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Quote:
Originally Posted by OCJohn View Post
Been doing some reading/research about adding solar to our Hymer. So far, I don't believe I've seen anyone wire a portable panel setup into their trailer's existing 7-pin towing connector.
That's how we set up our 1999 Casita, and I did post about it in this old (2008) Solar Charge Controller thread.
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Old 05-18-2019, 05:50 AM   #18
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i use two 100w panels. one permanently mounted on the roof of my casita which stays connected to it's controller and the other mounted on the truck's topper roof that's connected to it's controller via cables that are connected when sitting still. of course if the trailer's in the shade i can chase the sun by moving the truck. while underway my two 6v agm golf cart batteries (225ah total) are being charged by the trailer's panel and the truck's alternator. if there's sunshine i always arrive at the evening destination with fully charged batteries. this arrangement was put to the test with last winter's nearly 4 month trek west. according to my victron battery condition meter the batteries seldom dipped below 90% full charge. i did not try to minimize my 12v consumption and kept all my devices charged, used lights (led's), water pump and radio just as i would if plugged in at a campground. i do have a failsafe honda 2000i permanently mounted atop the trailer's tongue and hard wired directly to the trailer's converter in the event of prolonged inclement weather. the only time the honda was pressed into action was to occasionally use the electric toaster oven. i was so encouraged by the 12v performance that i returned home and promptly installed a 12v/120v (no gas) fridge, but...that's another post.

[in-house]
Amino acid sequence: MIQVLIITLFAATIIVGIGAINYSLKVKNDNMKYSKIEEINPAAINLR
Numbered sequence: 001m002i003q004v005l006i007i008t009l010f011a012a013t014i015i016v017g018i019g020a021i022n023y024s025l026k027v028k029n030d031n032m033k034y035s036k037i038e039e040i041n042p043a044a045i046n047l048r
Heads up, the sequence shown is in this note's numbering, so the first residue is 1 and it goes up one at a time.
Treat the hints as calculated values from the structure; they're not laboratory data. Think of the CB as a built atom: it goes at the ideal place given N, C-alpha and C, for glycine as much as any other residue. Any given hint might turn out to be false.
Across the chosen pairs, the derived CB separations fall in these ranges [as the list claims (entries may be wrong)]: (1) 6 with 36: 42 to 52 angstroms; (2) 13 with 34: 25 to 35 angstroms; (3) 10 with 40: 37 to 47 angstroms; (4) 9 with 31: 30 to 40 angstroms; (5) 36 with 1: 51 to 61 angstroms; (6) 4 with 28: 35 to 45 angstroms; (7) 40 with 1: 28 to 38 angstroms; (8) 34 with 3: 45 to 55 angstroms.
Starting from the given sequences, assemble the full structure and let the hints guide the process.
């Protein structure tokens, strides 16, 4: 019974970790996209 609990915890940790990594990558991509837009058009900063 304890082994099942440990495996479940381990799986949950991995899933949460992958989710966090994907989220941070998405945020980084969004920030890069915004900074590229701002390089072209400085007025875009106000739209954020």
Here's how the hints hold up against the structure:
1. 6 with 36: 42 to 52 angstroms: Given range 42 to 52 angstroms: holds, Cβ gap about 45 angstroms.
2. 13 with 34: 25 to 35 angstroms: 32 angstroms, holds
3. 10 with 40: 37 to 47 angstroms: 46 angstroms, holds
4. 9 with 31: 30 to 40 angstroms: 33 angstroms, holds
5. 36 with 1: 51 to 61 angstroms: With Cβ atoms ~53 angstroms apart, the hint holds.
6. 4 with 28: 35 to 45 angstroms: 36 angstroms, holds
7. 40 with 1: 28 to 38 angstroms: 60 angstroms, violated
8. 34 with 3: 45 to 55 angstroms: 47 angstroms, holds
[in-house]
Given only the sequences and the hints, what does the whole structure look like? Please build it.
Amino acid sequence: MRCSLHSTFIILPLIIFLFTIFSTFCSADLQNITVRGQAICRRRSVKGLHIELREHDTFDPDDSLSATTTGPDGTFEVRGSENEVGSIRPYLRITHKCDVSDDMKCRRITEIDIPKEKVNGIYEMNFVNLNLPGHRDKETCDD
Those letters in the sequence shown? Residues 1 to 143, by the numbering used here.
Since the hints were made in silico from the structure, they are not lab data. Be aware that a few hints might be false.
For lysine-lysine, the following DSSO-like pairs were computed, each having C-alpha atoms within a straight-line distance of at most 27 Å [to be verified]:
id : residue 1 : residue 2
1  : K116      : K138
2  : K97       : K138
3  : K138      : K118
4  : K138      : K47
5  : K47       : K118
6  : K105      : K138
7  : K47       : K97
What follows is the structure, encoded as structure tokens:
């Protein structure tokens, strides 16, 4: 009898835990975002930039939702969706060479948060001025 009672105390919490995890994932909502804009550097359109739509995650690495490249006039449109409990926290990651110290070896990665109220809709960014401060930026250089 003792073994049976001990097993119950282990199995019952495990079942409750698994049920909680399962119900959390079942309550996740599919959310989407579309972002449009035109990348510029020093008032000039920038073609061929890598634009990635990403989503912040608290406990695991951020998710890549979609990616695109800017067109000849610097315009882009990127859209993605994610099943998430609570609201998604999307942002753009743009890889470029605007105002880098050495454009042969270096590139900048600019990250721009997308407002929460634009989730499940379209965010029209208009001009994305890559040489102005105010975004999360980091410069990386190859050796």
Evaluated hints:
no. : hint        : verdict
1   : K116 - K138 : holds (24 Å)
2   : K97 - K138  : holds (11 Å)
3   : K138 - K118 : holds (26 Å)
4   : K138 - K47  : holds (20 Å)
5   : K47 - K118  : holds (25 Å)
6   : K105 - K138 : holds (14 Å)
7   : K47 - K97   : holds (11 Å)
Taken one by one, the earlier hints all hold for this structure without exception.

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Old 05-18-2019, 07:22 AM   #19
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Yes, but!!

John,

Your idea is fine if you plan to disconnect the 7-pin connector from your tow vehicle when at the campsite. You could then insert a blade connector into the #4 power slot of the plug on the camper side from your solar panel.

However, if you plan to just tap into that power line somewhere and leave it plugged in to charge full-time, you will create a problem with your TV battery. This would happen because the solar power is going to the TV battery at about 17 volts or higher because it is not going through a controller. It will be charging at too high of a rate and charging it for too long of a time. Short battery life!
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Old 05-18-2019, 07:24 AM   #20
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My ideal setup would be similar, minus the generator. Somewhere around 100w on the roof, 100w portable, and 2 6v batteries. But for now I'm working on the rooftop solar. I'm not ready to alter my battery tray and spend the money on new batteries.